One tool for monitoring our beloved dogs’ health at home is a thermometer for dogs. By taking their temperature if they seem under the weather and by establishing a baseline through monitoring, we can know when it’s time to call a trusted veterinarian.
There are a lot of choices and considerations, though. Thanks to technological advances, old-school mercury thermometers are out – it’s the era of the digital thermometer for dogs. So should you use a dog ear thermometer or a rectal thermometer for dogs? Can you check a dog’s temperature with a human thermometer? Read on to find out.
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Monitoring Temperature of Dogs
The average temperature of a healthy dog is higher than that of humans: around 101.5 degrees Fahrenheit. But a normal dog’s temperature range can vary depending on factors like the size, breed, age, and activity level of your pet.
It’s important to get a baseline temperature for your dog, according to Page Mader, DVM, and co-owner of AAHA-accredited Five Parks Animal Hospital in Arvada, Colorado.
“Some might run a little hot, some might run a bit cooler and that’s normal for them, just like people,” she told All Pet Voices. “That would give you a good baseline so in case they ever do get sick, you have something to compare it to.”
It’s always helpful to identify and address health concerns early, which is why a temperature check is one of 5 health signs we help pet lovers monitor when you sign up for Pet Health 5. We’ll send you a checklist to monitor 5 health signs for your dog and easily log the results. It only takes 5 minutes and will help you stay on top of any changes to your pet’s overall health that might require veterinary care. Plus, with regular monitoring each month, you’ll learn how to check a dog’s temperature with ease.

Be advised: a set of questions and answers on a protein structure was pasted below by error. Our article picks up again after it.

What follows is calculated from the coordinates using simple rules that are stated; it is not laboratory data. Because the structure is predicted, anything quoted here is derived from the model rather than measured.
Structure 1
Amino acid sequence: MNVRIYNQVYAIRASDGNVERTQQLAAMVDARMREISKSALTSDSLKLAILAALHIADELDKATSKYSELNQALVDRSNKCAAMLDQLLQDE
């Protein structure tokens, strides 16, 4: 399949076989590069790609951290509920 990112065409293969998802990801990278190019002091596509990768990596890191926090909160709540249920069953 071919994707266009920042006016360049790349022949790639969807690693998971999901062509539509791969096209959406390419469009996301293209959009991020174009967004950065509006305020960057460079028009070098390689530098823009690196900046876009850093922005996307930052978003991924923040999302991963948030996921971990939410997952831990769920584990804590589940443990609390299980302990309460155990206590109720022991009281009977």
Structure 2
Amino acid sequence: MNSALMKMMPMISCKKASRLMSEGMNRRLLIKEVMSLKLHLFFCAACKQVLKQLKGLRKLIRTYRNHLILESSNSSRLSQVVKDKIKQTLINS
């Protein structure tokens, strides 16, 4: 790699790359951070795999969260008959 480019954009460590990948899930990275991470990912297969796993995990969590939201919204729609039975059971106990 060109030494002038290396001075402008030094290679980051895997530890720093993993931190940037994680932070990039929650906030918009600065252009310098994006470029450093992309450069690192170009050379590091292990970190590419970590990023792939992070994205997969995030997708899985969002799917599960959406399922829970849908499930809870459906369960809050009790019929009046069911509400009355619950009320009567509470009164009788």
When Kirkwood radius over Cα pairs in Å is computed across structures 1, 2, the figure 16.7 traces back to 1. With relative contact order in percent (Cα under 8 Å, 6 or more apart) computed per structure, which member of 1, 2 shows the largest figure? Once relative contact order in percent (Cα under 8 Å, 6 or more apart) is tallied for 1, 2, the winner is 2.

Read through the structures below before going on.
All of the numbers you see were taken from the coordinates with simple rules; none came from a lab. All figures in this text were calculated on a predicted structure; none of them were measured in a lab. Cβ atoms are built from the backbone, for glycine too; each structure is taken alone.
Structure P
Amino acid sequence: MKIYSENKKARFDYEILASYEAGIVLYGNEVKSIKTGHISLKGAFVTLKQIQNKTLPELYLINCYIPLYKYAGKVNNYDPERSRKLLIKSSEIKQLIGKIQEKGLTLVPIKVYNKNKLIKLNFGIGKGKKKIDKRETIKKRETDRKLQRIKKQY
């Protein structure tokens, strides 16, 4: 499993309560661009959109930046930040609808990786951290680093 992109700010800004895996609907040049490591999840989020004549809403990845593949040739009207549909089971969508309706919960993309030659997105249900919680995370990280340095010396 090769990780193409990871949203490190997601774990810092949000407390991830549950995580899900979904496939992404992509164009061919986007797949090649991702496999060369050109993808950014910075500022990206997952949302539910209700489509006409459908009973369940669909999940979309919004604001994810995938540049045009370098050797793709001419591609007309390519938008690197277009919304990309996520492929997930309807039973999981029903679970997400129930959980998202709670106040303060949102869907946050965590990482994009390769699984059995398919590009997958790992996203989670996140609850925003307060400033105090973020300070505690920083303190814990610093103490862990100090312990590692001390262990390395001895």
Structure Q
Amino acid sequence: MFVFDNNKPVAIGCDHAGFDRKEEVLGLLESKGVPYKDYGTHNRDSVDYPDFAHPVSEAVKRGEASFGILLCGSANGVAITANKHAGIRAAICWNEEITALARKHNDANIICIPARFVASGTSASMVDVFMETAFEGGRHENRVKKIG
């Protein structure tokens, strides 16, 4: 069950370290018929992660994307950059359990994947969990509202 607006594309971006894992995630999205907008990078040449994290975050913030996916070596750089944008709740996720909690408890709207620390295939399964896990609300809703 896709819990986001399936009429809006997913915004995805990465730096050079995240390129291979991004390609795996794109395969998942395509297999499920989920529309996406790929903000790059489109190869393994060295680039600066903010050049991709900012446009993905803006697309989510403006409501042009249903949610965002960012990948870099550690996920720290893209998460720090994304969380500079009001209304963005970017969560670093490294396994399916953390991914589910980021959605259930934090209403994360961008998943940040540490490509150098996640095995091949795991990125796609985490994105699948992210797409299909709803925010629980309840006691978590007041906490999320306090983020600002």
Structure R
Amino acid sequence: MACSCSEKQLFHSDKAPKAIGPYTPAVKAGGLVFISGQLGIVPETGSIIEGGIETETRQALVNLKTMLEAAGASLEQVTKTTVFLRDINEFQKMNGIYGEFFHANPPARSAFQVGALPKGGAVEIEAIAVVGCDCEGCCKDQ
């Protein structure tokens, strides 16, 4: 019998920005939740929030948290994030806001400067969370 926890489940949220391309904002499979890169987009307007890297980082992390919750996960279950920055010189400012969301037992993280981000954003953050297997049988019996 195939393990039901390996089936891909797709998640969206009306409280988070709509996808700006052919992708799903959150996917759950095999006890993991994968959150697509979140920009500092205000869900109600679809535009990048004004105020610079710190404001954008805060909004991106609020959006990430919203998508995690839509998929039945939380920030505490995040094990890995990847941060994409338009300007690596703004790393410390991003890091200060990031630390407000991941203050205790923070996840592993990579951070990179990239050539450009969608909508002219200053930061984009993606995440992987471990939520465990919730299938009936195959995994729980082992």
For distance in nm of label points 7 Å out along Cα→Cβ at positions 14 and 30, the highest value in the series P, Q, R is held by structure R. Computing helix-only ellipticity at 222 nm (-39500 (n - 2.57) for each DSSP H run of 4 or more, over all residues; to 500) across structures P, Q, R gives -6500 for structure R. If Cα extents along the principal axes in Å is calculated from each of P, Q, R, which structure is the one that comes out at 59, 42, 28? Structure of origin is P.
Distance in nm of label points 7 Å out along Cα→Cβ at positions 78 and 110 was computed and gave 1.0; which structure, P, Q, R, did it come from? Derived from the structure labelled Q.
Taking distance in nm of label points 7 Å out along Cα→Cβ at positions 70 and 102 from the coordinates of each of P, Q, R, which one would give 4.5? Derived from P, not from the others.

A fever can indicate cancer in some instances, but the most common causes are infectious diseases or immune-mediated diseases like immune-mediated polyarthritis (IMPA), immune-mediated thrombocytopenia (IMTP), and immune-mediated hemolytic anemia (IMHA), according to Dr. Mader.
“Usually it means the body is attacking itself,” she explained. “It just depends on what the target is, like joints, platelets, or red blood cells. There are also multiple forms of immune-mediated skin disease.”
A low temperature isn’t nearly as common as a high one, but dogs can cause concerns for general organ function or hypothermia, which is caused by low external temperatures.
“When people don’t provide adequate housing for their pets during the winter, they’re going to become hypothermic,” Dr. Mader noted.
Other causes of low temps include shock, endocrine disorders (hormonal imbalances), or major trauma to the body.
3 Thermometers for Dogs
There are three main types of thermometers for dogs. Your choice will depend on your individual dog.
Since it’s not feasible to ask a dog to lift his tongue so you can take his temperature orally – those teeth! – the traditional option is a rectal thermometer to check a dog’s internal temperature.
The iProven Pet Thermometer for dogs (and cats) gets good reviews for having a soft, flexible, waterproof tip. That last attribute seems handy for cleaning the thermometer afterward, right?
Auxillary (aka Armpit) Thermometers
Sometimes rectal thermometers aren’t a good fit, however – such as when dogs bite or otherwise lash out when something is inserted, ahem, back there. A rectal thermometer for dogs is also problematic for dogs with diarrhea or a rectal mass.